G. Submission and Deadline

Letter of Intent (LOI)

On or before June 28, 2002, submit the LOI to the Official Designated for Program Technical Assistance identified in the “Where to Obtain Additional Information” section of this announcement.


Submit the original and two copies of Form PHS 398 (OMB Number 0925-0001). Adhere to the instructions on the Errata Instruction Sheet for PHS 398. Forms are available at the following Internet address:​od/​pgo/​forminfo.htm

On or before 5 p.m. Eastern Time, August 2, 2002, submit the application to: Technical Information Management-PA02165 Procurement and Grants Office, Centers for Disease Control and Prevention, 2920 Brandywine Rd, Room 3000, Atlanta, GA 30341-4146.

Deadline: Applications will be considered as meeting the deadline if they are received before 5 p.m. Eastern Time on the deadline date. Applicants sending applications by the United States Postal Service or commercial delivery services must ensure that the carrier will be able to guarantee delivery of the application by the closing date and time. If an application is received after closing due to: (1) Carrier error, when the carrier accepted the package with a guarantee for delivery by the closing date and time, or (2) significant weather delays or natural disaster, CDC will upon receipt of proper documentation, consider the application as having been received by the deadline.

Applications that do not meet the above criteria will not be eligible for competition and will be discarded. Applicants will be notified of their failure to meet the submission requirements.

H. Evaluation Criteria

Applicants are required to provide measures of effectiveness that will demonstrate the accomplishment of the various identified objectives of the cooperative agreement. Measures of effectiveness must relate to the performance goal as stated in section “A. Purpose” of this announcement. Measures must be objective/quantitative and must measure the intended outcome. These measures of effectiveness shall be submitted with the application and shall be an element of evaluation.

Applications will be evaluated individually against the following criteria by an independent review group appointed by CDC:

1. Description of Program and Methodology (30 Points)

a. Extent to which applicant describes the methods they will use to: (1) Identify and clearly define the population for the proposed research, including the size of the community, demographic characteristics of the study area, and methods for screening or administering the survey in this population; (2) develop case definitions for ADHD, the selected comorbid conditions, and measures of health risk behaviors using valid and reliable measurement tools; (3) train study staff on case ascertainment methods and survey delivery as appropriate; (4) develop and implement quality assurance procedures and an evaluation plan for the study; and (5) develop an analytic and dissemination plan, and prepare manuscripts.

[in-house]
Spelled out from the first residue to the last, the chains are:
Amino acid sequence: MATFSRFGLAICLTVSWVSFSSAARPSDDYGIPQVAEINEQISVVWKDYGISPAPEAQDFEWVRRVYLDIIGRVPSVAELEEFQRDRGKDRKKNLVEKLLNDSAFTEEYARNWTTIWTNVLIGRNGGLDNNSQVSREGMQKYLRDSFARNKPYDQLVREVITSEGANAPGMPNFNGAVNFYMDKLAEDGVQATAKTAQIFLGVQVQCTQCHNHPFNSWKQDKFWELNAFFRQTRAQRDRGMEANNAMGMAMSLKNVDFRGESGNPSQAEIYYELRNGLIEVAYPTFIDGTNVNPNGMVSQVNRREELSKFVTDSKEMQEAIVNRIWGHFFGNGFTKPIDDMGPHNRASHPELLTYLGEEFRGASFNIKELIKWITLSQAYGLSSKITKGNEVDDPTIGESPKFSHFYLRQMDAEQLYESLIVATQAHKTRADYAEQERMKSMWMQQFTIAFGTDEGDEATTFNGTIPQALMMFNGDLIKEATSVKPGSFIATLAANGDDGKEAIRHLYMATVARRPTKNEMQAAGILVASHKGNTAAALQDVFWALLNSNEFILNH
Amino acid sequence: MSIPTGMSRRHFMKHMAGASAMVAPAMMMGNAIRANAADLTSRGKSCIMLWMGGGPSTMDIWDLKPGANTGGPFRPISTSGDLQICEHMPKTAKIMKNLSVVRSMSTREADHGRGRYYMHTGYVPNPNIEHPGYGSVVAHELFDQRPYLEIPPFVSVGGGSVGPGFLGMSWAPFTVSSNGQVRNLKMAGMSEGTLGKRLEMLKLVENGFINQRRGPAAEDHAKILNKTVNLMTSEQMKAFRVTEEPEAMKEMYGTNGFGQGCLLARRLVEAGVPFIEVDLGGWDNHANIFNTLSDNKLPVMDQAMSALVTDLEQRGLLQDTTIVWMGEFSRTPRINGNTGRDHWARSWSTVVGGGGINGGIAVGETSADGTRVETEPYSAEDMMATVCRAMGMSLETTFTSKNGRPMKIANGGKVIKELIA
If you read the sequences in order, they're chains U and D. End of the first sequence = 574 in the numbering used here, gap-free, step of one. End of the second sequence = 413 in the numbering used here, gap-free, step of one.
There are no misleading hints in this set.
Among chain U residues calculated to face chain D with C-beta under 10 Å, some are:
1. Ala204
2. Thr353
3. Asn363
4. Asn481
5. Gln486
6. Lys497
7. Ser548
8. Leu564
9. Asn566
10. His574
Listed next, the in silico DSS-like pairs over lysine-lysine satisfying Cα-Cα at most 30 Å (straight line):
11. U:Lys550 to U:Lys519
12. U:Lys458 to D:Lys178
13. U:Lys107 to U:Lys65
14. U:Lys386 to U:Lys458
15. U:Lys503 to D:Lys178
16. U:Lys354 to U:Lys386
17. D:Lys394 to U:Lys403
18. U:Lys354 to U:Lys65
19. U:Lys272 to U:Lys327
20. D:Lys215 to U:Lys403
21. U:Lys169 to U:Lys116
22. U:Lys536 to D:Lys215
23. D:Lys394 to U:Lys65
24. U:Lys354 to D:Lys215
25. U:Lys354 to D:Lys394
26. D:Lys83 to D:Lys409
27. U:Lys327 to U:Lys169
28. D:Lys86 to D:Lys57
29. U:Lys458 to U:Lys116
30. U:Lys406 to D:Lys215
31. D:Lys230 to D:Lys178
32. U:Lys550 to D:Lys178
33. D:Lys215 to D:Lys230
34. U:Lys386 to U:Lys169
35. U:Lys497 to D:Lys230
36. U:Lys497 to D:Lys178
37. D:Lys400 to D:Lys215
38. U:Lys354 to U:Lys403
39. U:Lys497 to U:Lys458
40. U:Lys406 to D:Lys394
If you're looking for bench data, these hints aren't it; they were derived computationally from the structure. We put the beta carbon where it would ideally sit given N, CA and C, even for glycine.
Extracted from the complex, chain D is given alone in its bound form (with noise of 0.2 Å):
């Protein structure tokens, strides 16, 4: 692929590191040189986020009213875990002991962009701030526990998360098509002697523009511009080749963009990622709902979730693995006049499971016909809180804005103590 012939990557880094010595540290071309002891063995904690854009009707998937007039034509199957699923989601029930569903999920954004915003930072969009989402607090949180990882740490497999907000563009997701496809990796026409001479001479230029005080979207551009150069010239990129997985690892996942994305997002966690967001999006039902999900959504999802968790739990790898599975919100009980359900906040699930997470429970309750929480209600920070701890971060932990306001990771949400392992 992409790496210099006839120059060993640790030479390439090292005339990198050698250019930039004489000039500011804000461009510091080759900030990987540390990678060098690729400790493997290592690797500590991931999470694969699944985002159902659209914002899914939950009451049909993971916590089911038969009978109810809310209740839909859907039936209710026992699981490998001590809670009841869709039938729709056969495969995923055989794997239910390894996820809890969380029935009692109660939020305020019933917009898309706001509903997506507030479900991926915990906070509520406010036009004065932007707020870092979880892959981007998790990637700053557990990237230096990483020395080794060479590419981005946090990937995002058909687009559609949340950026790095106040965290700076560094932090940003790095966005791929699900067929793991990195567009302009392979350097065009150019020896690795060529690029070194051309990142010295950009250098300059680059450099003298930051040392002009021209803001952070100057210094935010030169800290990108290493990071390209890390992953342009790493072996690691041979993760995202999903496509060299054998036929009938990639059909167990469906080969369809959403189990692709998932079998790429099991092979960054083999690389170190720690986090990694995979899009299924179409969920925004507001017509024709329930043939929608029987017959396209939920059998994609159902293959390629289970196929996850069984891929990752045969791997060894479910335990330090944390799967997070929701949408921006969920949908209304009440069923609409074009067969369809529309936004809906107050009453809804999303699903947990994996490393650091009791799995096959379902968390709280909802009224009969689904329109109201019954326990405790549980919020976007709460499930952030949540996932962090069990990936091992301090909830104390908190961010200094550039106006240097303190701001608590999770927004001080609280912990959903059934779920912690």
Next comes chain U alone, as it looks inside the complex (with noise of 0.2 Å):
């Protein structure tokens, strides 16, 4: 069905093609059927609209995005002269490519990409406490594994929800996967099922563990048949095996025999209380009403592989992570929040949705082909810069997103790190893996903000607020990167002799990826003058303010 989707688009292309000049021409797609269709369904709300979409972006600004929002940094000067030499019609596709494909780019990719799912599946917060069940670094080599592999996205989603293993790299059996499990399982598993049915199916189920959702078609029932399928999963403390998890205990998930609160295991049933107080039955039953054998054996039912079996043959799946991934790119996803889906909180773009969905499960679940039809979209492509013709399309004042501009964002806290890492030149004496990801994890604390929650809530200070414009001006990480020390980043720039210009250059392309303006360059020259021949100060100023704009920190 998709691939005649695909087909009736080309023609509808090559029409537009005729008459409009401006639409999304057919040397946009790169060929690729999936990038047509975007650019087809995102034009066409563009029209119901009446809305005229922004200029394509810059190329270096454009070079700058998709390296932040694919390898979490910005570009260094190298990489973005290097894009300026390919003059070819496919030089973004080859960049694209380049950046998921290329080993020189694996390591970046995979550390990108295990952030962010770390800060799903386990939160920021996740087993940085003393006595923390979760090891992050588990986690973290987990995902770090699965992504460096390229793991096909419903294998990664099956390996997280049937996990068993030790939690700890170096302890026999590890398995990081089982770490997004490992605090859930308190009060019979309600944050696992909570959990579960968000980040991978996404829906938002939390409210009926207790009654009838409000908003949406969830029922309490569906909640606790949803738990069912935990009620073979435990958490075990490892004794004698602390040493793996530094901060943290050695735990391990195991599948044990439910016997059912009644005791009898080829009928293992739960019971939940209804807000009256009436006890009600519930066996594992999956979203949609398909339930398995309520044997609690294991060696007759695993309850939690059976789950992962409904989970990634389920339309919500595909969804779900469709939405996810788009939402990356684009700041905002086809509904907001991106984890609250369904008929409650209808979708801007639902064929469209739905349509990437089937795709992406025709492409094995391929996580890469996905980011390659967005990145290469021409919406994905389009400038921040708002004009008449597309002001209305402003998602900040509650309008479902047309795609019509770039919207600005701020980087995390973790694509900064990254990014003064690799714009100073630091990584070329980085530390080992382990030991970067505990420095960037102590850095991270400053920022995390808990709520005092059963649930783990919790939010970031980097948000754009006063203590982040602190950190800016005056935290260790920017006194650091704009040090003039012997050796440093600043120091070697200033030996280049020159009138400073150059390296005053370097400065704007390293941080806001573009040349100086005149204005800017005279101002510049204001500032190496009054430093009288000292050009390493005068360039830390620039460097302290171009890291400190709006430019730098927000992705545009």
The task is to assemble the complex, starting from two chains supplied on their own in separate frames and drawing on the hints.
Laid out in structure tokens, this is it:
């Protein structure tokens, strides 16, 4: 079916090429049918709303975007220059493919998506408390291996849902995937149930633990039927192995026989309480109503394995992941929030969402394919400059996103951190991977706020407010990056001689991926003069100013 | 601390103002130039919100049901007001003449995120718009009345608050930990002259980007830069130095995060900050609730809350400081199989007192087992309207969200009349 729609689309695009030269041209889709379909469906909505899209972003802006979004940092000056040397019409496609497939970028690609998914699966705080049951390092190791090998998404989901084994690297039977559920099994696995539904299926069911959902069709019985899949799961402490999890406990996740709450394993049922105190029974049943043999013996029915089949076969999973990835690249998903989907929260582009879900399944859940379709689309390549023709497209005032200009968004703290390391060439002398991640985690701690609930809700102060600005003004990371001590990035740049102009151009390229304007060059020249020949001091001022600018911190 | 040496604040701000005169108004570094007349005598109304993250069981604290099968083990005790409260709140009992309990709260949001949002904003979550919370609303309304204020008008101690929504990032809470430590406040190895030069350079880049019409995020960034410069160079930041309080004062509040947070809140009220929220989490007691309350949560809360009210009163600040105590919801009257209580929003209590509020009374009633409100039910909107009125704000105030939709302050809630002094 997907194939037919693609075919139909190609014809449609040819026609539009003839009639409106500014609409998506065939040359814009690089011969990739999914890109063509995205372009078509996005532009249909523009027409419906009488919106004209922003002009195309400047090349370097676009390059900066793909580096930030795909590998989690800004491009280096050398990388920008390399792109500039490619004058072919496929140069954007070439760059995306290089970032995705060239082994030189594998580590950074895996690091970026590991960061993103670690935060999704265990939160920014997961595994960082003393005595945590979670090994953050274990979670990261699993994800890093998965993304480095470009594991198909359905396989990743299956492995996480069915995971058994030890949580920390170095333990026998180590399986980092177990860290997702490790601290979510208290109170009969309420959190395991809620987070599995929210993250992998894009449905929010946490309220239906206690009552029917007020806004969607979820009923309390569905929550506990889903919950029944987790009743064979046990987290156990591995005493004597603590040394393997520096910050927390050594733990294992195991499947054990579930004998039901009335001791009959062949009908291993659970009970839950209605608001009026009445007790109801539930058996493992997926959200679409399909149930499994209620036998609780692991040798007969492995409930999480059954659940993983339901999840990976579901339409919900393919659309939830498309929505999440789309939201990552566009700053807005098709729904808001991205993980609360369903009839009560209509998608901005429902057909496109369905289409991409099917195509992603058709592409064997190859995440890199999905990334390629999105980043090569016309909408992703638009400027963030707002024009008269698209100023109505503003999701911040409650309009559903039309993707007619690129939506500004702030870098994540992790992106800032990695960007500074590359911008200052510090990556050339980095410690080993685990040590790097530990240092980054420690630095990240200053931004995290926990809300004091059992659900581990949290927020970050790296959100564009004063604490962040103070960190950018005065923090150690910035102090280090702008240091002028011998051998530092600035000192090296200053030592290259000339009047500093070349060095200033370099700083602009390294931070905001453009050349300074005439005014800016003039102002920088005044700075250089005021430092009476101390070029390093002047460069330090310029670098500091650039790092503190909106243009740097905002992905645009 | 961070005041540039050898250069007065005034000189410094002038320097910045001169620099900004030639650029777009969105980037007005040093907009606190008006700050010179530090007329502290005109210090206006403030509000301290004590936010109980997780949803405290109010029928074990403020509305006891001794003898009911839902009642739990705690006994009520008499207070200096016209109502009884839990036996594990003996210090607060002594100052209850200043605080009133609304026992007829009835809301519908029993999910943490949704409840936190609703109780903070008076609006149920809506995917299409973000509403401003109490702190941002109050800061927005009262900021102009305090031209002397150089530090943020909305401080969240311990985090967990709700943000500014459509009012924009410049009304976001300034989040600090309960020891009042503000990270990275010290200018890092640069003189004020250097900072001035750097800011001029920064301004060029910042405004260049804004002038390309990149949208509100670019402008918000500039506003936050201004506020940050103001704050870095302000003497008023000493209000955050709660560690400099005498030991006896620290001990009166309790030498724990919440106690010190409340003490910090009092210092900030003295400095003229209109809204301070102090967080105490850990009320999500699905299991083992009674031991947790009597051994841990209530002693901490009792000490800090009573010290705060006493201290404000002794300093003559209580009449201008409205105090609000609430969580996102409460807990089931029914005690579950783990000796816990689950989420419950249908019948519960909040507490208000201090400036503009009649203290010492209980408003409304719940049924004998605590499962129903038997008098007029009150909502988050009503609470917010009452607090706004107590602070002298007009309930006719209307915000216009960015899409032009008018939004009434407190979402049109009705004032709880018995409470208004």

b. Extent to which applicant describes proposed investigator-initiated survey questions or modules, including specific questions or types of questions, existing scales or inventories, and why these additions are relevant and important to the intent of this announcement.

2. Collaborative Efforts (20 Points)

a. Extent to which applicant demonstrates the ability to access multiple data sources as necessary for the proposed study. For instance, school systems, local officials, parent groups, or others for the purpose of case ascertainment (include written assurances).

b. Extent to which recipient identifies possible collaborative relationships with existing ADHD research programs that may enhance recipients' future research activities.

c. Extent to which collaborative efforts with other relevant stakeholders are documented. Start Printed Page 40306

3. Goals and Objectives (15 Points)

a. Extent to which applicant clearly describes the short-term and long-term goals and measurable objectives of the project.

b. Extent to which applicant's goals and objectives are realistic, time-bounded, and consistent with the stated goals and purpose of this announcement and the proposed program methodology.

c. The degree to which applicant has met the CDC policy requirements regarding the inclusion of women, ethnic and racial groups in the proposed research. This includes:

1. The proposed plan for the inclusion of both sexes and racial and ethnic minority populations for appropriate representation.

2. The proposed justification when representation is limited or absent.

3. A statement as to why and in what ways the design of the study is adequate to establish the rates and descriptive data required by the recipient.

4. A statement as to whether the plans for recruitment and outreach for study participants include the process of establishing partnerships with the community(ies) and recognition of mutual benefits.

4. Staffing and Management (15 Points)

a. Extent to which key personnel have qualifications, skills and experience in epidemiologic methods, ADHD specific surveys or similar large population-based surveys, data management and analysis to develop and implement population-based surveys and analytic studies in ADHD and other related disorders.